The urban transportation technology of the 19th century is incorporated in four assumptions underlying the monocentric model(O'Sullivan, 2003. Ch. 8)[1]:

  • Central export node (i.e. railroad terminal)
  • Clean Streets (ie. no trash on streets)
  • Hub and spoke streetcar system
  • Agglomeration economies

This model also assumes: nothing except commuting cost varies. In reality this is not the case. There are variations in public goods, facilities, environmental quality, taxes, and amenities(O'Sullivan, 2003. Ch. 8)[1].

Bid Rent Theory in Monocentric ModelEdit

How much a firm is willing to pay for a land depends on how far the land is from the railroad terminal. A firm will be forced by competition from other firms to pay a certain price. As we move away from the central export node, freight costs increase, decreasing the amount a firm is willing to pay for a land(O'Sullivan, 2003. Ch. 8)[1].

Land Use Spatial Arrangement Features of Monocentric CityEdit

The spatial arrangement features(O'Sullivan, 2003. Ch. 8)[1]:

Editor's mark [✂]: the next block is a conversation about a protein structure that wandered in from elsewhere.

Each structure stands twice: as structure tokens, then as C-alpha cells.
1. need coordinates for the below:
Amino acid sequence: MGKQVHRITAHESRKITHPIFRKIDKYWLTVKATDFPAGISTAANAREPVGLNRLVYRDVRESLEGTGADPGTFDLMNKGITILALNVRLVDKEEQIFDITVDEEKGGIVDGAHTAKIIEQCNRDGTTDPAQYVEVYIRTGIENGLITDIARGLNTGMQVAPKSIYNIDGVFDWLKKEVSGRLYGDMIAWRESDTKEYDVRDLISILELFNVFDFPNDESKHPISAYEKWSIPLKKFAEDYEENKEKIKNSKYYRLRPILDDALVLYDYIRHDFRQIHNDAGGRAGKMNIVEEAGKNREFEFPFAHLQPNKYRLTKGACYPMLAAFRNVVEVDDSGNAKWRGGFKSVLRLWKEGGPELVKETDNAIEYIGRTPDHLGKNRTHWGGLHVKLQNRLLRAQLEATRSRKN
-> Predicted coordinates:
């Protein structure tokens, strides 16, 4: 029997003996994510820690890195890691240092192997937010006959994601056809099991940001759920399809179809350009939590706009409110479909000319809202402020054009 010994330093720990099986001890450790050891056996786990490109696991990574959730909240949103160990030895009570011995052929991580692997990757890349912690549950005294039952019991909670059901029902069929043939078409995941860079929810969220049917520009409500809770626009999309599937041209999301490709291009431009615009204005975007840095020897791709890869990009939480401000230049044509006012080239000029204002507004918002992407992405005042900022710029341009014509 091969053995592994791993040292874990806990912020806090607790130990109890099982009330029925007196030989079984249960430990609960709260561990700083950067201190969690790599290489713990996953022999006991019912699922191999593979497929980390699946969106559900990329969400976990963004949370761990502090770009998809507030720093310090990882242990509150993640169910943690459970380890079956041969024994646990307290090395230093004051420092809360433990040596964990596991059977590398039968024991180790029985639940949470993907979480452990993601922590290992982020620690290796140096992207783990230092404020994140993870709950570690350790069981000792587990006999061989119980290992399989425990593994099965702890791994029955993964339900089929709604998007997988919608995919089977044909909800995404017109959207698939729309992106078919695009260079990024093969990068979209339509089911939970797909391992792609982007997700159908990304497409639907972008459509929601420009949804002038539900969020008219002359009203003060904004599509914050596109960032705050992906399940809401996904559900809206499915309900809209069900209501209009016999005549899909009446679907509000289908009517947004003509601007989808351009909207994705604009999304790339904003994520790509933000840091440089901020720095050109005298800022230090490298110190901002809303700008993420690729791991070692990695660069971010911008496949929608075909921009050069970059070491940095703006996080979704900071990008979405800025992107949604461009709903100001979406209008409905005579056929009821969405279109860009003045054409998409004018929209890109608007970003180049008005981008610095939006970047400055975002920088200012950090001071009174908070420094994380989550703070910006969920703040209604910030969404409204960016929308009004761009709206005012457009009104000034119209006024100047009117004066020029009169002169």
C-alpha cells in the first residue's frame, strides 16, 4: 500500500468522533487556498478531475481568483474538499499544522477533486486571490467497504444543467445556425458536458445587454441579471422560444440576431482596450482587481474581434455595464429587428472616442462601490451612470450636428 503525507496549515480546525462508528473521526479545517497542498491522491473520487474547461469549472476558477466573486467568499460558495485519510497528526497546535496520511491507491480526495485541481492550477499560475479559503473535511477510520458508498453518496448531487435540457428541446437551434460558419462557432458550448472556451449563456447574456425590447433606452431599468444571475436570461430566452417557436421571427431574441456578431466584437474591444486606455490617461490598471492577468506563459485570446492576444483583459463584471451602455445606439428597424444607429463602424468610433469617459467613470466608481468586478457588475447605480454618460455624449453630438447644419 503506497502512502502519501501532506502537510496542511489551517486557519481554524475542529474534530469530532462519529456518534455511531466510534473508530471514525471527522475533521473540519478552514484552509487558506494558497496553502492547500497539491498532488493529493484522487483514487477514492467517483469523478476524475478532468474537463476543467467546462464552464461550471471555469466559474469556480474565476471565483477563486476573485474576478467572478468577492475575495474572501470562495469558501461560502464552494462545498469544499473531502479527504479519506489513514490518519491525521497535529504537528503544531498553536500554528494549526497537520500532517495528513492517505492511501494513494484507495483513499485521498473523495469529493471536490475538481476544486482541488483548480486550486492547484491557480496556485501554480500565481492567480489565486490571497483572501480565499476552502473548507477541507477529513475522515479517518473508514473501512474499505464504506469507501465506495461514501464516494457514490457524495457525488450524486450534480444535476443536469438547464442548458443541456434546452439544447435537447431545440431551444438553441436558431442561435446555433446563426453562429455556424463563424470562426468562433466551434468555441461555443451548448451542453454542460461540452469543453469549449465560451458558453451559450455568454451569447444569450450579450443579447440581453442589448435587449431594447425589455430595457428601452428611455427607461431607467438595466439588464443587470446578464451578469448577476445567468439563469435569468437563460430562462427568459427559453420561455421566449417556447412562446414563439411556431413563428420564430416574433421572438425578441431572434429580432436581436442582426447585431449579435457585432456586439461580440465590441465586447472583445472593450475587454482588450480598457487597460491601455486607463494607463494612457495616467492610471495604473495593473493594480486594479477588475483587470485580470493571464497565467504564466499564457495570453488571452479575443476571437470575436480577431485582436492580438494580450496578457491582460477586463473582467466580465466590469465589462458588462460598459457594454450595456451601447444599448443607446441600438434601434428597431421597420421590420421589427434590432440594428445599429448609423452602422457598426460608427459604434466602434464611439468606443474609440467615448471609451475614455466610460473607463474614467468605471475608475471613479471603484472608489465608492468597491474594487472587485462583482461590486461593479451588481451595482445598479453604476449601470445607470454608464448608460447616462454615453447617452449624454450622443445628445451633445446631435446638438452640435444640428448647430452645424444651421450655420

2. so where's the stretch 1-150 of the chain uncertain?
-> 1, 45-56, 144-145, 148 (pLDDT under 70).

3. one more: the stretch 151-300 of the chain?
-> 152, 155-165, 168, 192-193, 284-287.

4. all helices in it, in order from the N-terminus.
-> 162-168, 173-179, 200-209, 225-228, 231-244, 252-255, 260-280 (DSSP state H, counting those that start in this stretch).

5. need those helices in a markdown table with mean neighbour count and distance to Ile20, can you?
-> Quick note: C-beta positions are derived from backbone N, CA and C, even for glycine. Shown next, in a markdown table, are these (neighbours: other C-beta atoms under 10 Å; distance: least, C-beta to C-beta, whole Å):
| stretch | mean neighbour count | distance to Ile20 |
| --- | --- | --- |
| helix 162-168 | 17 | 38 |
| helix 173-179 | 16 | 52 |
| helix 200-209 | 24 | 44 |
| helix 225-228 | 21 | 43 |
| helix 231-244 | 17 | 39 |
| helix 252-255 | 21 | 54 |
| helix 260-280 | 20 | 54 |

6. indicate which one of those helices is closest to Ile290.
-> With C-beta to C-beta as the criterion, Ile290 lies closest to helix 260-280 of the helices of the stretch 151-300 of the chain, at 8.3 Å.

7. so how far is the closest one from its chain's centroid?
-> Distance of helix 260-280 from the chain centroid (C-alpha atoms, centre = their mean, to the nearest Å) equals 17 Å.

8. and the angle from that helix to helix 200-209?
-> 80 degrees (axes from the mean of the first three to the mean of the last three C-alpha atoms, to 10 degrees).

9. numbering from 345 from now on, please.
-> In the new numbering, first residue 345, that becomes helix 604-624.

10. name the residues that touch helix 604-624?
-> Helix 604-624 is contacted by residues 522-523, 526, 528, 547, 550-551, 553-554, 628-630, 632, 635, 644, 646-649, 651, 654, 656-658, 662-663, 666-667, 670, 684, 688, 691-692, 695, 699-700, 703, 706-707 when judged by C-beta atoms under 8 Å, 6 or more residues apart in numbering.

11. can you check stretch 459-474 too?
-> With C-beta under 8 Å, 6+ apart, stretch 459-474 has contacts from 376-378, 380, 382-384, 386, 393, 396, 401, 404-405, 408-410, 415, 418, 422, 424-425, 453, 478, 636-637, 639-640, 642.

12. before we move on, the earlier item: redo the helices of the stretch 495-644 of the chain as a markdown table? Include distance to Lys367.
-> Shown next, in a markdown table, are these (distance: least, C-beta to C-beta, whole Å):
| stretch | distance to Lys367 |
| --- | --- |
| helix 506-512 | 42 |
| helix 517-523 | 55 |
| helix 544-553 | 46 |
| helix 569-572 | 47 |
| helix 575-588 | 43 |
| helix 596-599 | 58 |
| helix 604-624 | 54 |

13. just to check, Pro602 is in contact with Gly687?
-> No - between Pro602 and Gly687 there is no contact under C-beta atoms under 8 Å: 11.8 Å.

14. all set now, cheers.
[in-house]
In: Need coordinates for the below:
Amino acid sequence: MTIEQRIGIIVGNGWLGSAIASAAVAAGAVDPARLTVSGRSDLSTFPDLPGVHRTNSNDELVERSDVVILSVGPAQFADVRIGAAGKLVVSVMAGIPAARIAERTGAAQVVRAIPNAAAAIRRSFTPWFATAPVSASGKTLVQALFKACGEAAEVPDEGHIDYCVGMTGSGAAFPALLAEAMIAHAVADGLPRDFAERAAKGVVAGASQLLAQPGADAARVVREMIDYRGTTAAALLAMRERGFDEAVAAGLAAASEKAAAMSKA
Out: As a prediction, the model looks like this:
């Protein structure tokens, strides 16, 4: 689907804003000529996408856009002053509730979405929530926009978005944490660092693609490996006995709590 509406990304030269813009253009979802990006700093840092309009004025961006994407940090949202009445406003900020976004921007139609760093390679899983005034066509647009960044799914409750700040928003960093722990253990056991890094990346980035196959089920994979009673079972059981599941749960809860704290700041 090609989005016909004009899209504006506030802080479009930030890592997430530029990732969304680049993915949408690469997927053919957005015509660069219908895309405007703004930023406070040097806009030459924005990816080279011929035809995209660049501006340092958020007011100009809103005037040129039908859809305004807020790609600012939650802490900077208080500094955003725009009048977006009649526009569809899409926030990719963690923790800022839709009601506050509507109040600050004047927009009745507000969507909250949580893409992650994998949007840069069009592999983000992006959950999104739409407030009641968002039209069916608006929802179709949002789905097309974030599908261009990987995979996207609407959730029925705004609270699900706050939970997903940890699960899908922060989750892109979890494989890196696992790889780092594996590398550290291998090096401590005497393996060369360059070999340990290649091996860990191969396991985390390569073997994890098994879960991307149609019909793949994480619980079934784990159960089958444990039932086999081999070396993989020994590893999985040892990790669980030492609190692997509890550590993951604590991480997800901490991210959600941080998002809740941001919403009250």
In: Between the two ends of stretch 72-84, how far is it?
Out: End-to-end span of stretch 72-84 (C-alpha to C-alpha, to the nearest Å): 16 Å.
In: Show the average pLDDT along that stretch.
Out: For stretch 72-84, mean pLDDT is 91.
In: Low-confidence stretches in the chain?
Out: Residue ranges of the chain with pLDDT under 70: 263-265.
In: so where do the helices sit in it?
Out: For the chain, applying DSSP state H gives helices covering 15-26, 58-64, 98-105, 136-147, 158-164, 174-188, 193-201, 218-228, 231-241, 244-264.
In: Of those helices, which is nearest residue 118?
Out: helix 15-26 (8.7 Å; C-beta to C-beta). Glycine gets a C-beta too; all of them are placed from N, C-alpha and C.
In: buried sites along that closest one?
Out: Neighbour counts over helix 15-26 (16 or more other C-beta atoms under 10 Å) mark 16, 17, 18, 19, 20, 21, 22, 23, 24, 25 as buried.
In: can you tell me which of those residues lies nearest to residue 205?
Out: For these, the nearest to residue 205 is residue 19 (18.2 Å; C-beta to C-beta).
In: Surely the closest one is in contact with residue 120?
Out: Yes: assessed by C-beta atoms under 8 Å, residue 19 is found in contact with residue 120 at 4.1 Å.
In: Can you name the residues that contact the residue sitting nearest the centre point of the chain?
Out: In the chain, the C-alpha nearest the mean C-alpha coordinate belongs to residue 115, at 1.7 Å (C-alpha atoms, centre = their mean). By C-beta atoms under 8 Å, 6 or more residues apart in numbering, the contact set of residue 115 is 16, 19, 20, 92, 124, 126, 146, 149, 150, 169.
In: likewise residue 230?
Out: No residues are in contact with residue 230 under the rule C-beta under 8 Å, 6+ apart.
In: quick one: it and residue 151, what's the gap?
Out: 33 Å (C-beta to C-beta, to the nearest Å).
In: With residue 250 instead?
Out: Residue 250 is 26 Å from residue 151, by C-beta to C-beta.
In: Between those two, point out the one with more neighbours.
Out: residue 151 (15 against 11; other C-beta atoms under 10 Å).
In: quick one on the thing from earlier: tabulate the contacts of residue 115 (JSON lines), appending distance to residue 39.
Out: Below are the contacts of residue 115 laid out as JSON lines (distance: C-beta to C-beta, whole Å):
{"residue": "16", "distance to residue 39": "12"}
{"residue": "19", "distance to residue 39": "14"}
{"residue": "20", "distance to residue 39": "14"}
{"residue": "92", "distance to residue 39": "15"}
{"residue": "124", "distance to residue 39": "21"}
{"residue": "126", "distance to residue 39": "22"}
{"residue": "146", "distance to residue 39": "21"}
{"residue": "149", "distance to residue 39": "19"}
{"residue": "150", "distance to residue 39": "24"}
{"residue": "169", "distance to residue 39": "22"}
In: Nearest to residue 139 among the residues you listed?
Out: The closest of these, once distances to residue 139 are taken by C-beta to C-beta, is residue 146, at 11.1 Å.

• Office firms occupy the central area of the CBD
  • Employment is concentrated in the CBD, not distributed throughout the city.

The firm's location decision is determined by the outcome of a tug of war between central export node and the suburban workforce. In the monocentric city, the tug of war was won by the CBD because the cost of moving freight was large relative to the cost of moving workers (at that time is horse drawn wagon, which is slow and expensive, while workers travel with streetcar which is fast and inexpensive). So the wage difference between suburbs is not so much different(O'Sullivan, 2003. Ch. 8)[1].


  1. 1.0 1.1 1.2 1.3 1.4 O'Sullivan, Arthur. (2003) Urban economics (McGraw-Hill/Irwin, Boston)
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